The distribution from the shared signal processing circuitry 33 to the living units 75 may take a number of different forms other than the illustrated coaxial cable network 34. The distribution, for example, may utilize ADSL transport over twisted wire pair as disclosed in commonly assigned patent application Ser. No. 08/233,579 filed Apr. 26, 1994 entitled "Extended Range Video On Demand Distribution System", the disclosure of which is incorporated herein in its entirely by reference. Alternatively, the distribution from the shared system 33 can utilize microwave retransmission as disclosed in the above incorporated parent application Ser. No. 08/409,574. As a further alternative, the shared receiving system 33 may include channel selection circuitry and supply the QAM modulated transport stream for one or more selected RF channels to each living unit over the same twisted wire pair that carries telephone services, as disclosed in U.S. patent application Ser. No. 08/441,977 filed May 16, 1995 entitled "Shared Receiving Systems Utilizing Telephone Cables as Video Drops" (attorney docket no. 680-130B) the disclosure of which is incorporated herein in its entirety by reference.

FIGS. 10-12 relate to an alternate embodiment of the shared receiving system in accord with the present invention. In this embodiment, the shared system RC includes shared signal processing circuitry that converts the received signals into NTSC format video signals, in CATV type RF channels, and distributes the programs to the living units in analog form. Although not shown here for simplicity, the system may process off-the-air analog channels in a manner similar to that in the earlier described shared receiving system RS.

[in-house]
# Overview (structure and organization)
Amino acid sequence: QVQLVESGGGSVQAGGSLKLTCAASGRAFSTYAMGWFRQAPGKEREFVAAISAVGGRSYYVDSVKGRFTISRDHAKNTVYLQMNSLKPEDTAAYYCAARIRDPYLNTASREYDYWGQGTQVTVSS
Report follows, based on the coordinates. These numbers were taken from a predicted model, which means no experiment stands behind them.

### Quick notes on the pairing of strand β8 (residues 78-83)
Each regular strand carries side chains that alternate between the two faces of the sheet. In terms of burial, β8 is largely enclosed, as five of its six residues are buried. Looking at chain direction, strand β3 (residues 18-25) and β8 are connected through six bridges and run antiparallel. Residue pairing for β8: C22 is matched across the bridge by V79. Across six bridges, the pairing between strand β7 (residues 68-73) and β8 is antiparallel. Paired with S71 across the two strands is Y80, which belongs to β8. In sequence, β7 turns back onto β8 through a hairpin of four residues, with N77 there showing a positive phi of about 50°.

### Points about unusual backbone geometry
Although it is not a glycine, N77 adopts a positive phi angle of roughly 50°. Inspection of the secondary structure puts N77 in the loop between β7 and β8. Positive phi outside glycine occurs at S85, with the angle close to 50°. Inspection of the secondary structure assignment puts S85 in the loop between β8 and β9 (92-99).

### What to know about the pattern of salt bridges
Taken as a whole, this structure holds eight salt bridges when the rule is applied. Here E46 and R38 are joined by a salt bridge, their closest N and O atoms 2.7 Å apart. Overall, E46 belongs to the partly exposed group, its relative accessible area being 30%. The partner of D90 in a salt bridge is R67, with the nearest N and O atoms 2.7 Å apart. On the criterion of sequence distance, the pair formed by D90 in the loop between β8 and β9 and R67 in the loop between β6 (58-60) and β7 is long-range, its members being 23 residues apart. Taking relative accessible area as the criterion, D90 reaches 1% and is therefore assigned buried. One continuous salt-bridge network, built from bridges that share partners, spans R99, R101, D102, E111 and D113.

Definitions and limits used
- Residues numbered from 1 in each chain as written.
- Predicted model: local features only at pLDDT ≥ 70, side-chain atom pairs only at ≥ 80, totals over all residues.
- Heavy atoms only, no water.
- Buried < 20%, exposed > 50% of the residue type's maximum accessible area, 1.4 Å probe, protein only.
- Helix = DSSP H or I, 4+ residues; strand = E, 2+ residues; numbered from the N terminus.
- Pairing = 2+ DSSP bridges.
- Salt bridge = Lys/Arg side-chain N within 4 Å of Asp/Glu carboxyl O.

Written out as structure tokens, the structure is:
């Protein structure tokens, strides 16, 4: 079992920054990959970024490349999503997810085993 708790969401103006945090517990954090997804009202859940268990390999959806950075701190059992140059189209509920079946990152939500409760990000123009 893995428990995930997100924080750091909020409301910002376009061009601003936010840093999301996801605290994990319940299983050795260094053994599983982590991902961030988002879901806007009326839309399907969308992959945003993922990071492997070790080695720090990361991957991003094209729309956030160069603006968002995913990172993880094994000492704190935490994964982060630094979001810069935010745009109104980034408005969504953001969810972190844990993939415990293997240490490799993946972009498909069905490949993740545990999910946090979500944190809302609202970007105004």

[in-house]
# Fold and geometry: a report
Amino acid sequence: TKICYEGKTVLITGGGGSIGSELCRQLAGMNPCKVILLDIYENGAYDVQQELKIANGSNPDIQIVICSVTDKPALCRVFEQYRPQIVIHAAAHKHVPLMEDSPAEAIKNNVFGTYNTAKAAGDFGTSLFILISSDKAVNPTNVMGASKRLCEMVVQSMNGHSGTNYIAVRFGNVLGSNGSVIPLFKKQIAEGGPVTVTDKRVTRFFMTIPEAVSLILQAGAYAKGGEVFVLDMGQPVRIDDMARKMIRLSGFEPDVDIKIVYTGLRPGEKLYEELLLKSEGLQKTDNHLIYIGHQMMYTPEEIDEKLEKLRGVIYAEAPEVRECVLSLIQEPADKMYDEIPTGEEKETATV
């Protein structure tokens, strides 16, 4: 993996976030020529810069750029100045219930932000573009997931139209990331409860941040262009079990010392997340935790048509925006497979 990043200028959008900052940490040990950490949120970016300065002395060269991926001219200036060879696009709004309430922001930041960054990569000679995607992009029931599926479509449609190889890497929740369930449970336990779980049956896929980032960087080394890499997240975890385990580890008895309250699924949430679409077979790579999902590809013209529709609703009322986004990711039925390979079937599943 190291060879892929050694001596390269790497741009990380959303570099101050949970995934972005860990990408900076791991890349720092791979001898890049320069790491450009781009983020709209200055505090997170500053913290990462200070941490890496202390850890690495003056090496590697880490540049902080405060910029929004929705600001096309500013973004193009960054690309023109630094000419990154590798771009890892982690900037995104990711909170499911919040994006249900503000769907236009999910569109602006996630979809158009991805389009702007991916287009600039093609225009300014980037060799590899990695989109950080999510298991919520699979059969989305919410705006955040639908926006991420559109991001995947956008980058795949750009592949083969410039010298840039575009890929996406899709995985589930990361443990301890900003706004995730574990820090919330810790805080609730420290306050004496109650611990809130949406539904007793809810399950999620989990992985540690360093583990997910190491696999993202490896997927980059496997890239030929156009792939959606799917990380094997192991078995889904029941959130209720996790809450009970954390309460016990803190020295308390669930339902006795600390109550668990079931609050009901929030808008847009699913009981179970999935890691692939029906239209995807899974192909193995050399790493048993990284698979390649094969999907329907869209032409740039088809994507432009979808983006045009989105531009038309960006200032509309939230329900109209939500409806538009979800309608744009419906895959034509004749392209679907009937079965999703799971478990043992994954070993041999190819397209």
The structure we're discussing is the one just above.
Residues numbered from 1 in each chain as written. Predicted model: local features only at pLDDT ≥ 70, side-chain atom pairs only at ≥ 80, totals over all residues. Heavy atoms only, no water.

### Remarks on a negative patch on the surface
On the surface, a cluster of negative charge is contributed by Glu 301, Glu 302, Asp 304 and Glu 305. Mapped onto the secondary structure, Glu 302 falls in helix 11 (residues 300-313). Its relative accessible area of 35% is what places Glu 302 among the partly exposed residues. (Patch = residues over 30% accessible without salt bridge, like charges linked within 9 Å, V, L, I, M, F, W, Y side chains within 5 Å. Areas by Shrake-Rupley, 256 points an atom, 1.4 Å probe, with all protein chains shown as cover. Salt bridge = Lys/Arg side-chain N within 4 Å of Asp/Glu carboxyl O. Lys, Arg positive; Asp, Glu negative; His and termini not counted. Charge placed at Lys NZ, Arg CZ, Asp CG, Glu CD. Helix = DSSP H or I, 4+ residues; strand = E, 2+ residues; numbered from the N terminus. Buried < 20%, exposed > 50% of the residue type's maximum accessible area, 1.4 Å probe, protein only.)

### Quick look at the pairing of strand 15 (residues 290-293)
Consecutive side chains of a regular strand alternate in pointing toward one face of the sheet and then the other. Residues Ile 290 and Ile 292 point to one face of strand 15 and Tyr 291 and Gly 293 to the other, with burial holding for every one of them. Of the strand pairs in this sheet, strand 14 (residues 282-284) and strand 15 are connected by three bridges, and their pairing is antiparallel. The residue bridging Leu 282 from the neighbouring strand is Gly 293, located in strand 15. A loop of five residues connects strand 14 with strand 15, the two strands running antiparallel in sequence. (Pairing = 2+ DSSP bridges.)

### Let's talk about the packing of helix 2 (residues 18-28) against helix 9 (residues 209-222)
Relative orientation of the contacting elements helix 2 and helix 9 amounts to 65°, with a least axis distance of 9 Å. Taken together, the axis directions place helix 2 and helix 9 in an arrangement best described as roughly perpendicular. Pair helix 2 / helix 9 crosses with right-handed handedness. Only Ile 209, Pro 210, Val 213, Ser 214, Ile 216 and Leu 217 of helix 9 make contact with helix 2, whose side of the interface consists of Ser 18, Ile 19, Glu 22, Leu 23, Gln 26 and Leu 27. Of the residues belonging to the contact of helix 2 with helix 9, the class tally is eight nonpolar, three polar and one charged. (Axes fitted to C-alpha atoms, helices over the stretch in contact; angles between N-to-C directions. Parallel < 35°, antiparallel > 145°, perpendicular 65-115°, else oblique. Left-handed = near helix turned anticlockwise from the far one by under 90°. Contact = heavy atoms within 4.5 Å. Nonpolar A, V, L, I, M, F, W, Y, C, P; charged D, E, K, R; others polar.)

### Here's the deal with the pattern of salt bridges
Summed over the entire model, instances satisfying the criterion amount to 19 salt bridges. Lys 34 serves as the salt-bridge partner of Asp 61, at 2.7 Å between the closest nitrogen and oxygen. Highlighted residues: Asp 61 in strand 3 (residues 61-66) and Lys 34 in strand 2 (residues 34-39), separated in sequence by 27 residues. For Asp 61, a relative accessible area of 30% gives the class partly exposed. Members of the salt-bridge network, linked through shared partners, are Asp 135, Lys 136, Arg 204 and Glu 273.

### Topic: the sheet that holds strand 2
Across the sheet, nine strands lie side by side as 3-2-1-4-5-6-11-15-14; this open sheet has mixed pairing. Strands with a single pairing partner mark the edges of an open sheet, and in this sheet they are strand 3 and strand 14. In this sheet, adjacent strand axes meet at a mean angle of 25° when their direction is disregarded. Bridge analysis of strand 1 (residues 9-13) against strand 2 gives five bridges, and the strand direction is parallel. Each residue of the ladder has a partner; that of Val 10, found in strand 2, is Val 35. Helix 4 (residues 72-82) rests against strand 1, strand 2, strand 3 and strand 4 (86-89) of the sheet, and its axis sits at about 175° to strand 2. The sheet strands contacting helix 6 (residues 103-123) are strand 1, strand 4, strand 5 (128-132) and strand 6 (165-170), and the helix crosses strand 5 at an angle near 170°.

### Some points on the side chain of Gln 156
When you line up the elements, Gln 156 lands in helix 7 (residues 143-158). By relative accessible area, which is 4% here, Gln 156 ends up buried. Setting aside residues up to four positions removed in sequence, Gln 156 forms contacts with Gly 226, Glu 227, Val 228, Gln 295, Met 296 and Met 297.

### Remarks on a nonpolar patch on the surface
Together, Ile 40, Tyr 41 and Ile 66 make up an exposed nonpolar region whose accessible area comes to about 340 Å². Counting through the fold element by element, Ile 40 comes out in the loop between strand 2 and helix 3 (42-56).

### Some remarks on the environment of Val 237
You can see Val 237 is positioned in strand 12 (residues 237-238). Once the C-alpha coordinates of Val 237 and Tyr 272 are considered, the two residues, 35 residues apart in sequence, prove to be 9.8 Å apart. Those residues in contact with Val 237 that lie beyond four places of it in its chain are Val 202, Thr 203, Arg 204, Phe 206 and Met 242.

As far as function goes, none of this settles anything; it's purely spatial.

With reference to FIG. 10, the shared receiving system RC includes at least one and preferably a plurality of directional microwave antennae 311 to 31N. A single antenna would be aimed to receive the strongest line of sight transmission. In the illustrated implementation having multiple antennae, there may be as few as two receiving antennae, but preferably the system includes the same number of microwave receiving antennae 311 to 31N as there are transmitters TX1 to TXN serving the region, exactly as in the embodiment of FIG. 7.

The signals from the one or more receiving antennae 311 to 31N go to shared signal processing circuitry 1033. The shared signal processing circuitry 1033 includes delay signal processing circuitry, as in the earlier embodiment, to compensate for reception of delayed copies of signals from multiple transmitters and/or the effects of multipath delay. In this embodiment, the shared signal processing circuitry 1033 also includes digital processing circuitry similar to that in the processors 37 for converting the programs to NTSC analog form. The shared signal processing circuitry 1033 produces one 6 MHz analog RF channel for each of the programs carried on the system. The shared signal processing circuitry 1033 broadcasts those analog channels to the living units 1075 over a local distribution network.